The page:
[cabfpub] Browsers & Enrollment (was Re: Edge Browser Can't View Certificate)

Rob Stradling rob.stradling at comodo.com
Thu Sep 3 09:03:03 UTC 2015

On 02/09/15 20:46, Ryan Sleevi wrote:
> On Wed, Sep 2, 2015 at 12:36 PM, Geoff Keating <geoffk at apple.com
> <mailto:geoffk at apple.com>> wrote:
>     > On 2 Sep 2015, at 7:43 AM, Ben Laurie <benl at google.com <mailto:benl at google.com>> wrote:
>     >
>     > It seems to me that this is a problem that should be solved at the OS level...
>     At the OS level, a solution would be for each CA to create an app,
>     one for each OS, which runs the certificate enrollment process and
>     installs the certificate at the end.  Is that the kind of solution
>     people are expecting?
> Well, not necessarily a permutation of apps at the dimension of OS x CA 
> To the extent that every OS (and key store) is a special snowflake, with
> non-common idioms (from enrollment to naming to ACLs), the idea of a
> browser providing a common API to paper over these differences is...
> unlikely. As anyone who has seen the abysmal reality of key provisioning :)
> Ben's point was more to the idea that, at the OS level, support for
> various enrollment schemes can (and, perhaps, should) exist.


> For
> example, both Microsoft and Apple support SCEP (in admittedly differing
> forms). And while there's other enrollment protocols (CMC, EST, and,
> more recently, ACME), and there's vendor specific protocols (as SCEP
> ostensibly was/is, and for which several CAs have their own schemes),
> somewhere at the level, the integration of "OS providing secure key
> management" and "CA wishing to leverage secure key management" should be
> solved at that intersection, rather than introducing the browser to
> (incompletely, insufficiently) mediate the two.


I don't think we're talking about introducing certificate enrolment into
browsers.  We're talking about whether or not it's a good idea to remove
existing certificate enrolment functionality from browsers before some
alternative solution(s) are actually available.

IMHO, <keygen> and CertEnroll are/were better than nothing.

> As I'm sure most of the CAs on the list are painfully aware, <keygen>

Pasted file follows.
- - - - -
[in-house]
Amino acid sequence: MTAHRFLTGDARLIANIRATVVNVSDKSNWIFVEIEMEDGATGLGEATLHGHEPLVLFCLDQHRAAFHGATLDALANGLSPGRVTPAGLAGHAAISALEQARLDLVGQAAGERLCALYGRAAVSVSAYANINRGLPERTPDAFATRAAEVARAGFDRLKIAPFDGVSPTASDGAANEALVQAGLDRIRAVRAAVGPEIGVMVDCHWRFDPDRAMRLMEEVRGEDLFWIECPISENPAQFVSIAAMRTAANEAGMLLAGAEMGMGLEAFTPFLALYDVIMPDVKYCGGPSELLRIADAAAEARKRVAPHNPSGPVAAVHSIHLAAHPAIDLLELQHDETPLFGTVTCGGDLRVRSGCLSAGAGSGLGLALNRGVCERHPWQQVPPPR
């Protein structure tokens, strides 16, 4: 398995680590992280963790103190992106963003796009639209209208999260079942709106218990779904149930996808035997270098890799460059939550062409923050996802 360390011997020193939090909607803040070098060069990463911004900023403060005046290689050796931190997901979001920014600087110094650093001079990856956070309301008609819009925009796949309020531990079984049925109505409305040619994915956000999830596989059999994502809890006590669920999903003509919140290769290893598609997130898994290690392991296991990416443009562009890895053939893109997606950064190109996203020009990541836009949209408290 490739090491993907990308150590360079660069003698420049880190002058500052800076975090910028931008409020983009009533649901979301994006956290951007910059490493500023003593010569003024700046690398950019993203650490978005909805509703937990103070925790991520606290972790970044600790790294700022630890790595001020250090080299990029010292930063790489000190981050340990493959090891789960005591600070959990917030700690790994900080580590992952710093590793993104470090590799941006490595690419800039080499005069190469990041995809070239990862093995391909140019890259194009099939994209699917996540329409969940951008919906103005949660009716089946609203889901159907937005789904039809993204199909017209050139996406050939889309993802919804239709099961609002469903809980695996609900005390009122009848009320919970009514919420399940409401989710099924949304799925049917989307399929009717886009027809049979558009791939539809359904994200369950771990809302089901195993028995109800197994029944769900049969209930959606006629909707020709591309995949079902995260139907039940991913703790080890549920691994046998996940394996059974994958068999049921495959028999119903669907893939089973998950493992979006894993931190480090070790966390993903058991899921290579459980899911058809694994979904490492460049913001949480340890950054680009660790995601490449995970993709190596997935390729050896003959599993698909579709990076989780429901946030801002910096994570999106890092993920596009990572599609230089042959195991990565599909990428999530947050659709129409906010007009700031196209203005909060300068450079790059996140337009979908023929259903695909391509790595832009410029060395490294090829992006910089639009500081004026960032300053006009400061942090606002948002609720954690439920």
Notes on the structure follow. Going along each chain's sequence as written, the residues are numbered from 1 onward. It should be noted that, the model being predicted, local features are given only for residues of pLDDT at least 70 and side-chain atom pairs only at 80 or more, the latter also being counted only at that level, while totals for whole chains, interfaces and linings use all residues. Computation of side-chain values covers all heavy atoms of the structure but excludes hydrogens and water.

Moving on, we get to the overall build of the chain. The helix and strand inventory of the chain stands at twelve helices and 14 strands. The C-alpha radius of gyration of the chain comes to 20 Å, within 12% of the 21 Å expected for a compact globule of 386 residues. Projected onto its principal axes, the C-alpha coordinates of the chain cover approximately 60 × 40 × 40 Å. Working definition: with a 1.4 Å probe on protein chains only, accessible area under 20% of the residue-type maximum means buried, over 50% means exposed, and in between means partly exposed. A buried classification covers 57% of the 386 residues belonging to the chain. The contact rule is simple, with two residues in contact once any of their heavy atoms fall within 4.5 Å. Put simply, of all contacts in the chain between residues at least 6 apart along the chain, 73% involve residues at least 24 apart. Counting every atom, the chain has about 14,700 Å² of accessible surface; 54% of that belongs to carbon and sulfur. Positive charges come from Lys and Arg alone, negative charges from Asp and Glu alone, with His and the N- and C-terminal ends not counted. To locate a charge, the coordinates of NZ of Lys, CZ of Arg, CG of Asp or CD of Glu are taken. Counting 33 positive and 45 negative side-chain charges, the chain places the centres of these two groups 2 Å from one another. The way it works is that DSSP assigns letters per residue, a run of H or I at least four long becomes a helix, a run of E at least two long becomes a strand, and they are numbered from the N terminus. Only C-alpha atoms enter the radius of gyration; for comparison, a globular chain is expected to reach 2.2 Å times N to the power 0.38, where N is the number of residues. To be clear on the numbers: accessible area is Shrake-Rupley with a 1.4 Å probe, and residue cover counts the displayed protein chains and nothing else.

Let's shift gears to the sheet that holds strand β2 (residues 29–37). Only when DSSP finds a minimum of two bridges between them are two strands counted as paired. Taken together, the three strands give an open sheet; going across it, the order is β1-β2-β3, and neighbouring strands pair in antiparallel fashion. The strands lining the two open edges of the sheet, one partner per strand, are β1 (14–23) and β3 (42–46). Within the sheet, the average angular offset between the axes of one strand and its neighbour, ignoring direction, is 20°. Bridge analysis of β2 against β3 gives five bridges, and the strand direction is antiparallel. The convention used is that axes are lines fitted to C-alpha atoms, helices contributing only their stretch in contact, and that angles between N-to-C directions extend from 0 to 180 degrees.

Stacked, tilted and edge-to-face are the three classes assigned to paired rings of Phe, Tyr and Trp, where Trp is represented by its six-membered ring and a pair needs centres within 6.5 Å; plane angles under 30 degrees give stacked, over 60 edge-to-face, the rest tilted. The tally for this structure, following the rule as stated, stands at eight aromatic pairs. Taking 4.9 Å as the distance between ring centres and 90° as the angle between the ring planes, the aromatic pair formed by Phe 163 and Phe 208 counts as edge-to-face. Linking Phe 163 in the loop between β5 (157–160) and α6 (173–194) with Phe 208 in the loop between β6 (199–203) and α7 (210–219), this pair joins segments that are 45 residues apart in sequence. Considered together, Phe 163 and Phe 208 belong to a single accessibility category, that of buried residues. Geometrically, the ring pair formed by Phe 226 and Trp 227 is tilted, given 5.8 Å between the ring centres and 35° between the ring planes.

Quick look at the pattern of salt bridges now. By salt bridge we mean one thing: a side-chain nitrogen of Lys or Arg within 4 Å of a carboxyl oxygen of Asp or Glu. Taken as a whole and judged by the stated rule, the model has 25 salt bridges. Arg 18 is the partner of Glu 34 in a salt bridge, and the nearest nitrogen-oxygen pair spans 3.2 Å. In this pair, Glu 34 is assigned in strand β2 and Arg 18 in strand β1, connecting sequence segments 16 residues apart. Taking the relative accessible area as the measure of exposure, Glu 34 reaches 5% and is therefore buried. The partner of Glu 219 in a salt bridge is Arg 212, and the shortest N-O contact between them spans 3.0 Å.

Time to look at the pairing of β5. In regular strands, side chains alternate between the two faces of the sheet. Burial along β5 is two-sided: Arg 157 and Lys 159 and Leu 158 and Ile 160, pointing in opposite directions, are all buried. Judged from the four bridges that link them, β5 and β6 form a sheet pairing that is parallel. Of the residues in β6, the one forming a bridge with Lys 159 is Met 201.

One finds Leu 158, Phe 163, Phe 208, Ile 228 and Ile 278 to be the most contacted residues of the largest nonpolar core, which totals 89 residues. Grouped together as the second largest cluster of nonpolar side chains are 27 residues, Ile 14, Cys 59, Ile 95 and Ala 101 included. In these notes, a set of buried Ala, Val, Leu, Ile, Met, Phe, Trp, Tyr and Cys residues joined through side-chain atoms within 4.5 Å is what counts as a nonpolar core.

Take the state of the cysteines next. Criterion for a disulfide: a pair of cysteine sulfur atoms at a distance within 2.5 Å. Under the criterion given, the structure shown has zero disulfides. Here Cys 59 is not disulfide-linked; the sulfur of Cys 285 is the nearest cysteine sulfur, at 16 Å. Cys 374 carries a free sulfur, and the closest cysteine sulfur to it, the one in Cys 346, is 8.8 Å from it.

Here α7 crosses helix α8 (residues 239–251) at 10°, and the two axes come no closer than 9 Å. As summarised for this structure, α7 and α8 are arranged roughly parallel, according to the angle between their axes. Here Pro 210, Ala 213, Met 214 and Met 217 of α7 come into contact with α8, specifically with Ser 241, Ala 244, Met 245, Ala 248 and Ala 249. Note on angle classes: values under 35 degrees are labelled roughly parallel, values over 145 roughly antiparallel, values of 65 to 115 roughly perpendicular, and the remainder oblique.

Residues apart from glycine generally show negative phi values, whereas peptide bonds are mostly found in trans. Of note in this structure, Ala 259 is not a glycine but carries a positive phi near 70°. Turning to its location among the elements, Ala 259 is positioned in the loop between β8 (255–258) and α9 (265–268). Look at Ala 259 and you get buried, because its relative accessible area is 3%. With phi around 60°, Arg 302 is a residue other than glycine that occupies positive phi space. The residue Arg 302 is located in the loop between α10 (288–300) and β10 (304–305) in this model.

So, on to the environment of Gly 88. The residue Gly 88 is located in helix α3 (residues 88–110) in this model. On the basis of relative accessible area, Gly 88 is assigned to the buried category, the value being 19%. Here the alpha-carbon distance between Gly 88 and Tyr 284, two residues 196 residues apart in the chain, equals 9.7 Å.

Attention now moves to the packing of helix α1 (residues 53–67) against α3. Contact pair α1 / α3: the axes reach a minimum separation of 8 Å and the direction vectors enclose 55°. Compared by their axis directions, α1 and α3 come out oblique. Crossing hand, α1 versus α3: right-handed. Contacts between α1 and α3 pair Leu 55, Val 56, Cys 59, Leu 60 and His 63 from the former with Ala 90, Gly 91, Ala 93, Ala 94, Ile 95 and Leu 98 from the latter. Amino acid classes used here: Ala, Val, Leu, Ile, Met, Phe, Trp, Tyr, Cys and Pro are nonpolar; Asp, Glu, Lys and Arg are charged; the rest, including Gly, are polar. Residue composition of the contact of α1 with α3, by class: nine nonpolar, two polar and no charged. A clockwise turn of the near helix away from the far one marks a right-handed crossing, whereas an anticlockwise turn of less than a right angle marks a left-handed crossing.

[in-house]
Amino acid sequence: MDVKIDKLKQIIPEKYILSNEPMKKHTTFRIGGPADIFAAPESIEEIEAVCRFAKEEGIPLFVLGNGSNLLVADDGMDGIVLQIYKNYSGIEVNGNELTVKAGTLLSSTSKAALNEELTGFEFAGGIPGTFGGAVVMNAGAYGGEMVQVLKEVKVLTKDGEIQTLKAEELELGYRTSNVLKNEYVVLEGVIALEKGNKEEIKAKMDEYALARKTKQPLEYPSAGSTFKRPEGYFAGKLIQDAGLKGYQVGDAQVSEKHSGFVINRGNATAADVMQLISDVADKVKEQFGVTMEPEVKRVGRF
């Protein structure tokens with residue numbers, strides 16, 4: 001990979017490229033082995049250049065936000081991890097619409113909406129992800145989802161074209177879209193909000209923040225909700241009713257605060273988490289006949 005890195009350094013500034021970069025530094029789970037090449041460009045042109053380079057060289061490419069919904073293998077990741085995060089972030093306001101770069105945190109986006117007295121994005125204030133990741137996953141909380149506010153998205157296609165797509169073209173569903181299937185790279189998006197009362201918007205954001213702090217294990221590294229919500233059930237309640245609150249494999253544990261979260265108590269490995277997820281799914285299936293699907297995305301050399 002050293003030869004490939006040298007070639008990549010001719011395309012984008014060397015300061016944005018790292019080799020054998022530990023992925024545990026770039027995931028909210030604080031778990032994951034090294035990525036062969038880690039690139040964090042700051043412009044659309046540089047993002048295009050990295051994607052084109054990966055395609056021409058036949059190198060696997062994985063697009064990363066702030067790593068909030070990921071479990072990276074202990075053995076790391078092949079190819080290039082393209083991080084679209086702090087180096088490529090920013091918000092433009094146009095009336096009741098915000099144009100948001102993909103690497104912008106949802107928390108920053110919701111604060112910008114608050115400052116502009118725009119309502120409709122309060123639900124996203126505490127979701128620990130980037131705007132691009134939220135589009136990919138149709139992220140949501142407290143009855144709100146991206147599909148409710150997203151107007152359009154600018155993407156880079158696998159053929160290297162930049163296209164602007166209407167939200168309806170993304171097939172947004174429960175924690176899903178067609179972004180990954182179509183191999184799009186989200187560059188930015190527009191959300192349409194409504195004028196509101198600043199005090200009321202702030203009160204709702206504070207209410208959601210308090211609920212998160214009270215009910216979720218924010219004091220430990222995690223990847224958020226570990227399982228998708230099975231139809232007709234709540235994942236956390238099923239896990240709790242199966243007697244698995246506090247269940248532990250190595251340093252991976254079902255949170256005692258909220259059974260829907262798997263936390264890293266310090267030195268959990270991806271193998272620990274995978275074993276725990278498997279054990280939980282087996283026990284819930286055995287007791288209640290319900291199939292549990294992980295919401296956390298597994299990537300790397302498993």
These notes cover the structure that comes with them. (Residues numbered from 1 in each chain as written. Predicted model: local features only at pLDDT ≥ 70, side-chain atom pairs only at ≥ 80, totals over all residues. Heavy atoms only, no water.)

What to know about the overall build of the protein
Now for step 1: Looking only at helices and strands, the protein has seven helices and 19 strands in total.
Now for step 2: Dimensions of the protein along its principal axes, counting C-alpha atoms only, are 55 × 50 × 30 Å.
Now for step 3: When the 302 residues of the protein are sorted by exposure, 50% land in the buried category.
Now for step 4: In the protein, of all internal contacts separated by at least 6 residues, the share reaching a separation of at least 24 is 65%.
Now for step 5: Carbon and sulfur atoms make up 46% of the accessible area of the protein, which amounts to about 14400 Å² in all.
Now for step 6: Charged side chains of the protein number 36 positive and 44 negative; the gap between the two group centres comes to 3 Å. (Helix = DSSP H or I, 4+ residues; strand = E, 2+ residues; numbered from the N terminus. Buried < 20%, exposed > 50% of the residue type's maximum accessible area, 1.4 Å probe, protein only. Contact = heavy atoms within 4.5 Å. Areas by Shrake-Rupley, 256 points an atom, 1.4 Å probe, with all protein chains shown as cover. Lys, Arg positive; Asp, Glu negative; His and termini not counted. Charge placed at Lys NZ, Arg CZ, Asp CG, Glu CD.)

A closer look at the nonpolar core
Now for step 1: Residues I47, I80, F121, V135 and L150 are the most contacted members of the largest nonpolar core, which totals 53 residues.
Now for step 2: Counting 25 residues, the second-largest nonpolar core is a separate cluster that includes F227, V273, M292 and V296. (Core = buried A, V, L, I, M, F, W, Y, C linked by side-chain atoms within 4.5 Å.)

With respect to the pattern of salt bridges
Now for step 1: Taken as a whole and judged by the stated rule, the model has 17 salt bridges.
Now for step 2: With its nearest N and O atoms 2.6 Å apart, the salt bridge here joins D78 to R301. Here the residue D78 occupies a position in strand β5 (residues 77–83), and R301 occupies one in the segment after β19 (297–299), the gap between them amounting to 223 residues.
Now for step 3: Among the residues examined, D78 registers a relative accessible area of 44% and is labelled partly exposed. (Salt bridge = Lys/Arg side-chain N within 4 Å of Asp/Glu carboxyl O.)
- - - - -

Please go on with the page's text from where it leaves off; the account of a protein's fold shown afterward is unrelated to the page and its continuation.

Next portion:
> doesn't really provide the level of controls needed for business cases
> (such as Rob's example of code signing). While CertEnroll (nee XEnroll)
> offers much greater flexibility, it does so in a way that is
> intrinsically tied to the OS and OS concepts, and doesn't offer a
> solution viable either cross-browser or cross-platform. Similarly,
> attempts from other browsers in the space (c.f.
> window.crypto.generateCRMFRequest) were naturally tied to the platform.
> Even iOS's support for SCEP is gated behind the MDM Profile that handles
> much of the platform & SCEP integration.
> But ultimately, assuming that the key store itself (which is generally,
> but not necessarily, a function of the OS) can't solve or agree upon
> interfaces for provisioning and loading keys, then yes, I think the
> world in which each CA creates a per-OS app that does what the CA needs
> is a far better, more realistic, and, counter-intuitively, more
> managable solution than attempting to find a workable intersection of
> (key store providers, browsers, secure element vendors, CAs, users). And
> I say that having watched multiple "one enrollment scheme to solve them
> all" attempts in the IETF explode the standards conflagration that
> naturally results from a 'one size fits all, standardize ALL the things'
> approach.

Rob Stradling
Senior Research & Development Scientist
COMODO - Creating Trust Online

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